Tuck Everlasting and Death Genes: Why Stasis is the Real Killer
A classic of modern children’s literature, Tuck Everlasting, by Natalie Babbitt, explores the problem of stasis in human existence. The Tuck family has unsuspectingly drunk from a spring that makes them immortal. They are marginalized as everyone and everything around them continues in its natural progression. Eventually, they encounter a young girl, Winnie Foster, whom the Tuck’s young son wants to persuade to drink from the spring, so that they can be young together forever. But Pa Tuck, more experienced and wiser, warns Winnie how this lure becomes a trap, snapping closed:
 “Dying’s part of the wheel, right there next to being born…. Living’s heavy work, but off to one side, the way we are, it’s useless too. It don’t make no sense. If I knowed how to climb back on the wheel, I’d do it in a minute. You can’t have living without dying. So you can’t call it living, what we got. We just are, we just be, like rocks beside the road….I want to grow again, and change. And if that means I got to move on at the end of it, then I want that, too.”
 Fortunately, the end of a career role, though often attended by feelings of loss, is not actually terminal. Human life is organic, ever changing. Our career paths are an integral part of the overall path we follow in our lives, and they too have an organic quality, a life cycle of their own. We may not see the end from the beginning, but we should know from the beginning that the end will come.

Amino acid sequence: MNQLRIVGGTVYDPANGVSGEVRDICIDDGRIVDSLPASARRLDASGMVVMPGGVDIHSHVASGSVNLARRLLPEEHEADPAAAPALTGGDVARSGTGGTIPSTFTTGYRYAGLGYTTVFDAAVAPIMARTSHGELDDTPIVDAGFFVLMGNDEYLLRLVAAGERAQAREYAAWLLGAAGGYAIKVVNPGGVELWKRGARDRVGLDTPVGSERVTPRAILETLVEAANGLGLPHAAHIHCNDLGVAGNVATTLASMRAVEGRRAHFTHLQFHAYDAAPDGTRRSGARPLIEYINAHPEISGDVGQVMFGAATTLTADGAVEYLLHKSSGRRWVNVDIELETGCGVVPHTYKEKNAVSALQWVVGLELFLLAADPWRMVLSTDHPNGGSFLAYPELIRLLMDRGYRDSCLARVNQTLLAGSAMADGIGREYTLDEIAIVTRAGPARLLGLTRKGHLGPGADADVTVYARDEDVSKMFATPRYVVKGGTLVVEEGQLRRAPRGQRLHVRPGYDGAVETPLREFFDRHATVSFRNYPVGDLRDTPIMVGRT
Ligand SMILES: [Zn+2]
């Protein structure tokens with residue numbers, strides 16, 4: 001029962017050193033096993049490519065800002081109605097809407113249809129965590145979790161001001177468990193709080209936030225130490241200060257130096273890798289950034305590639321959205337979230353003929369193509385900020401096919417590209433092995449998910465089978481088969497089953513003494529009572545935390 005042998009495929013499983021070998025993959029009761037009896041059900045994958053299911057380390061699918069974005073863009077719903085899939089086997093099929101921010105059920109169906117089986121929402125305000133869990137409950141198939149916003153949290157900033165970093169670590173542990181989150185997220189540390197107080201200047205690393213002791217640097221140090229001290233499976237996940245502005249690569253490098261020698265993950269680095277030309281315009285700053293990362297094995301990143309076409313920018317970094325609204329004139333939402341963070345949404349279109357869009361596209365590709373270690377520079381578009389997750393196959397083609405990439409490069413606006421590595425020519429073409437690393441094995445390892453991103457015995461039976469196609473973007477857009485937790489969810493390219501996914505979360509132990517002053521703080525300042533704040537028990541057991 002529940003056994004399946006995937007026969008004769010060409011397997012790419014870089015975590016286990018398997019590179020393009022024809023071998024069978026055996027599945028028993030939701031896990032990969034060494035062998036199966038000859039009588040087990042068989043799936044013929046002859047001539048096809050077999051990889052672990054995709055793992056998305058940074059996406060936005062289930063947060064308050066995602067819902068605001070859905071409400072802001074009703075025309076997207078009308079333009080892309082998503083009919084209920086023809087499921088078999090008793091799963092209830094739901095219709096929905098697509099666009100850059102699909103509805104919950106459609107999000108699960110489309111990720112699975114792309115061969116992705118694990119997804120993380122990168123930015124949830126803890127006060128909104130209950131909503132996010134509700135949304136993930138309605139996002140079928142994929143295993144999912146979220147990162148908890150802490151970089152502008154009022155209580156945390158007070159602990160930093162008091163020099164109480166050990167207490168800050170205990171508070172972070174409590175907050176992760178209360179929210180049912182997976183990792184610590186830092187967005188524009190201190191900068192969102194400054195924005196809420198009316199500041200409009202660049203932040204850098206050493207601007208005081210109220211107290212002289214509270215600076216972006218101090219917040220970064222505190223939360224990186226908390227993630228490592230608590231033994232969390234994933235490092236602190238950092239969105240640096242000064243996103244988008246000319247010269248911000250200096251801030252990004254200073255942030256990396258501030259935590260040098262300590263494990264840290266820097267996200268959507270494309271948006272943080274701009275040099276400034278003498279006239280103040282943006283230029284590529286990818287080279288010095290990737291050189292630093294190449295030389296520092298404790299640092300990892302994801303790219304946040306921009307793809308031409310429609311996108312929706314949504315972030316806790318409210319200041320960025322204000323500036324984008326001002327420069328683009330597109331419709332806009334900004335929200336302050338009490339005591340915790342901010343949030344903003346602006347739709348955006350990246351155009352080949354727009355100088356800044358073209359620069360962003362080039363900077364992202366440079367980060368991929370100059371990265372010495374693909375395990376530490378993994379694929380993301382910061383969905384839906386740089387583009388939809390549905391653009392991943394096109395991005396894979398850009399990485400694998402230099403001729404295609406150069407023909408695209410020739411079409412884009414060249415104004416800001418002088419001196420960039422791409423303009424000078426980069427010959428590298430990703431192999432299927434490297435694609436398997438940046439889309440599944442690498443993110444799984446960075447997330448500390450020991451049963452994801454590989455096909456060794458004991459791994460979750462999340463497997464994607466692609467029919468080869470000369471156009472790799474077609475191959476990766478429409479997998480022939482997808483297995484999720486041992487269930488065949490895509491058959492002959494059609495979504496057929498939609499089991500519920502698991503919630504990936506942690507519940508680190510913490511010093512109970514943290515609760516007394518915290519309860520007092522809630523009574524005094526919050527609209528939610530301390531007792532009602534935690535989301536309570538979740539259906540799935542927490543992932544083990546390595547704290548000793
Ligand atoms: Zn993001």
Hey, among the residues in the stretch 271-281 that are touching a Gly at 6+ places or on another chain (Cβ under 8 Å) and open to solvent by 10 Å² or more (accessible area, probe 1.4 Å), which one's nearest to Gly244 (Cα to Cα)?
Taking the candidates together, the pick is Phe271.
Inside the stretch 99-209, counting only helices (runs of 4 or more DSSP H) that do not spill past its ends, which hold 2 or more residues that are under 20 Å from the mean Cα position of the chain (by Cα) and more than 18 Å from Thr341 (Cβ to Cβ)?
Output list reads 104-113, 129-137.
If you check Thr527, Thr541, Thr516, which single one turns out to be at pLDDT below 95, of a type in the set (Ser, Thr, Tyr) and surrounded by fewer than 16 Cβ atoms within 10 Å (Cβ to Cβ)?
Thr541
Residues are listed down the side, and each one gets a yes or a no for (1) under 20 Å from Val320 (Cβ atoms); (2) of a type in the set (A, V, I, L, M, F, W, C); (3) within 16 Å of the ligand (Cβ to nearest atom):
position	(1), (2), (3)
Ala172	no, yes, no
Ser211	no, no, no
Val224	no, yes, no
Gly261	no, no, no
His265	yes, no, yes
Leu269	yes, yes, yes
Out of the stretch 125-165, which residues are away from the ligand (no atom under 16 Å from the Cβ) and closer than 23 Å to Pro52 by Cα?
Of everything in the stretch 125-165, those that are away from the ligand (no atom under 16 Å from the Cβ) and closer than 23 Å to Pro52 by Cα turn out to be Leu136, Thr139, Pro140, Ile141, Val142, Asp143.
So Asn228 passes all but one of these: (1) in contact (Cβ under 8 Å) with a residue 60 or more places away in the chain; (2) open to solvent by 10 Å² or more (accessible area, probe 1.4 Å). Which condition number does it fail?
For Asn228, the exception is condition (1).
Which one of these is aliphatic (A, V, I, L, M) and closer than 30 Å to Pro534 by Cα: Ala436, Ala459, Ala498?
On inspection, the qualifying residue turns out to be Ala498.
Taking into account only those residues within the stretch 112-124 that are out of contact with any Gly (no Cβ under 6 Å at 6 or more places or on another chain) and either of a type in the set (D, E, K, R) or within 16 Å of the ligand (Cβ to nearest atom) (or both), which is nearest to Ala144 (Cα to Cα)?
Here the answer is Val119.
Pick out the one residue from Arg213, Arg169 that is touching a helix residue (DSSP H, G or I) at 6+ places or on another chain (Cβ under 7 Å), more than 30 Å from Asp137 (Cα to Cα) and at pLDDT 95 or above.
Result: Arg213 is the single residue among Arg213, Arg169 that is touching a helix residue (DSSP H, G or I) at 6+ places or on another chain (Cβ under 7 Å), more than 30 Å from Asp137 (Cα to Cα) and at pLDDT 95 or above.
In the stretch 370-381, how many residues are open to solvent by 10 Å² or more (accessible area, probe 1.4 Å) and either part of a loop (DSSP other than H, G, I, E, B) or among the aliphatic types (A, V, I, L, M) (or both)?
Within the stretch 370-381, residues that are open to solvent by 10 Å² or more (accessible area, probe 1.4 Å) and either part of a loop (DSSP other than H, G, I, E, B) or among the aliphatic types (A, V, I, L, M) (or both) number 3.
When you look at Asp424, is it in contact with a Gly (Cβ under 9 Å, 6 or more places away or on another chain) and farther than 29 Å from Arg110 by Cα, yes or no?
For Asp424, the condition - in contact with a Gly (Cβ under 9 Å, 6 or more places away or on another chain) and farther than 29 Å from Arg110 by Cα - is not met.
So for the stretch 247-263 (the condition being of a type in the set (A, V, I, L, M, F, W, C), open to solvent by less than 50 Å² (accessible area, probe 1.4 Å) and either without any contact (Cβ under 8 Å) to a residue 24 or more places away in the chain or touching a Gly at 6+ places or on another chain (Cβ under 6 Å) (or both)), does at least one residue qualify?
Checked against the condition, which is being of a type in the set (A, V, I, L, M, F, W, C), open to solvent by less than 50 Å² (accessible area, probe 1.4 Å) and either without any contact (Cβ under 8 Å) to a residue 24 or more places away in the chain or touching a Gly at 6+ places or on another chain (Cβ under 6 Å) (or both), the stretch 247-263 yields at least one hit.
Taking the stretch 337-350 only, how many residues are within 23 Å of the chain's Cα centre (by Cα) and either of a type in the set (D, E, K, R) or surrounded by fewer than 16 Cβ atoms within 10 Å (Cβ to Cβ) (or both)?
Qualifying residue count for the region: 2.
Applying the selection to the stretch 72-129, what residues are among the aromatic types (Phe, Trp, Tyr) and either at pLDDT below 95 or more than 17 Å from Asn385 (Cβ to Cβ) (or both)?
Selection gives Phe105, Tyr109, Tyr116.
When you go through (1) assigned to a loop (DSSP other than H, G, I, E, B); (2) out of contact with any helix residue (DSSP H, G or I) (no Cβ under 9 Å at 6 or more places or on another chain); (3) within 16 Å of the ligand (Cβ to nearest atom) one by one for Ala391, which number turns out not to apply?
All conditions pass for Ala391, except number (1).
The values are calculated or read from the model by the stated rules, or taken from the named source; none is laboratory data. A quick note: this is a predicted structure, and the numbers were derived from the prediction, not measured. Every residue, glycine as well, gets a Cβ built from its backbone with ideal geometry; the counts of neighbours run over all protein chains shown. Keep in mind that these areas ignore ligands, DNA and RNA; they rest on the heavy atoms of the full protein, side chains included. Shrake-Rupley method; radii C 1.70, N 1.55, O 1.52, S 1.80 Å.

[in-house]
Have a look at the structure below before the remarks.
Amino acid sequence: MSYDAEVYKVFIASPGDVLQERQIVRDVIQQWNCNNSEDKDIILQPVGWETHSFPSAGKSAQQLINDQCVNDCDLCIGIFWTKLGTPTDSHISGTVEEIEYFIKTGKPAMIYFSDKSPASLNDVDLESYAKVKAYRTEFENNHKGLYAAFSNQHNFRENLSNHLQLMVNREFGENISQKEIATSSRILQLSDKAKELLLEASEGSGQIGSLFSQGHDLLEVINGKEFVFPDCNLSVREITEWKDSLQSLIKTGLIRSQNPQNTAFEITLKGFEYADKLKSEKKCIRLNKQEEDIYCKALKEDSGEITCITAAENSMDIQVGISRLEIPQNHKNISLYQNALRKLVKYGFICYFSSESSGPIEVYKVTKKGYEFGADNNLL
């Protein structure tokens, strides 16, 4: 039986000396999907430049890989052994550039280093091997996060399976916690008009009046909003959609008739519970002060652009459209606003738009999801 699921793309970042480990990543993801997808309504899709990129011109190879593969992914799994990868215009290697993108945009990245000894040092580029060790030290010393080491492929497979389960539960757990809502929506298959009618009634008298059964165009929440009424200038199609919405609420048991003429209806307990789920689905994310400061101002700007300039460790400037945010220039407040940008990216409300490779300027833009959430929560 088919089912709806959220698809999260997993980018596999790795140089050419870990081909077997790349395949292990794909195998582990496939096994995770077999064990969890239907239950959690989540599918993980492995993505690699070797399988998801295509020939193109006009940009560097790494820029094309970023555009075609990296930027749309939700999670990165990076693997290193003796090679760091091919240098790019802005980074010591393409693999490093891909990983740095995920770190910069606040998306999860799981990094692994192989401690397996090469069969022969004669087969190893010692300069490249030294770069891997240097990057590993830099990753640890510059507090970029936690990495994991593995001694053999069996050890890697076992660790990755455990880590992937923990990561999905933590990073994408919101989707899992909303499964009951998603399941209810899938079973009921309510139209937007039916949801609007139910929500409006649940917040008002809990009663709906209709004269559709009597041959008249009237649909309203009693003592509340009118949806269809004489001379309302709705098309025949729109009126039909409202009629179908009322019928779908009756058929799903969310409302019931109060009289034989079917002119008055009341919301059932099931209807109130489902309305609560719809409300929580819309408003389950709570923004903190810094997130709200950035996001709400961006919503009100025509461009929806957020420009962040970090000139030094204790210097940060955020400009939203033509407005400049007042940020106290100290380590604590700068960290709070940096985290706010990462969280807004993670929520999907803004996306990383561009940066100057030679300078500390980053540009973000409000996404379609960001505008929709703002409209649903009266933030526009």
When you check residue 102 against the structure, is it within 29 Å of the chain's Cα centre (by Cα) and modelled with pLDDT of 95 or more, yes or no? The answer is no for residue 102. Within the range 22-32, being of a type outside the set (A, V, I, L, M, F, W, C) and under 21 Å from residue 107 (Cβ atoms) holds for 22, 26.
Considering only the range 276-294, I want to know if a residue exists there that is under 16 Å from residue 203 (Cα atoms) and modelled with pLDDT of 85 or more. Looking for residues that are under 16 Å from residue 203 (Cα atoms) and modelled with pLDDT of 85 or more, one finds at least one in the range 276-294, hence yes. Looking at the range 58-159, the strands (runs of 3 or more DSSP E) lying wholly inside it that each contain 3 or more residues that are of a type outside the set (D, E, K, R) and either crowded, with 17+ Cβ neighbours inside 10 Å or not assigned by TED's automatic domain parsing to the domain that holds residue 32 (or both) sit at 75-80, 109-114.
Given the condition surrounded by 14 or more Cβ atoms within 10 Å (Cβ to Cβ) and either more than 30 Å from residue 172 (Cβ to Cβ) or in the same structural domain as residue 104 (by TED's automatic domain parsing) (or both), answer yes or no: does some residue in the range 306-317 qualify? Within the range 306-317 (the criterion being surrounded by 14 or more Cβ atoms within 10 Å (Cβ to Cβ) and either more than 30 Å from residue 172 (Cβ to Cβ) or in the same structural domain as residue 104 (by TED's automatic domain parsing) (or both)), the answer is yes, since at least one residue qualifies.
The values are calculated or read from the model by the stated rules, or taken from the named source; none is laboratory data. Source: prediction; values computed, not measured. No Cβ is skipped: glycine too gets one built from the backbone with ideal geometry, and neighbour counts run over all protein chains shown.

Nobel Prize winning biologists Sydney Brenner, John E Sulston and H. Robert Horvitz explore “death genes”–genes that exist to ultimately end the life of a cell. When death genes malfunction, cell overgrowth may occur; they hypothesize that this may be a cancer mechanism. Or, if death genes over-perform, cell death may occur prematurely, as in diseases such as AIDS and Alzheimer’s. The correct balance between life-sustaining genes and death genes is what we want. For many of us, the idea that our own genes contain programs for death, even before birth, is uncomfortable. But it is this conundrum that makes living lively. Stasis is our true enemy.
Sulston and Horvitz write, “Each moment, death is essential to growth, renewal, nourishment, and all the natural processes."  Individual jobs have a lifespan. They have a first day of work and, if we are wise, a last day. The ultimate death of a learning curve is essential for the rebirth of the next: for growth (productivity), renewal (innovation), and nourishment (engagement). Spend too long in one spot, no longer learning or growing, and we become, against our natures, inorganic rocks by the side of the road—or rather, rocks in a cubicle or office, occupying space, but no longer productive in the way we once were, and could be again with a fresh beginning.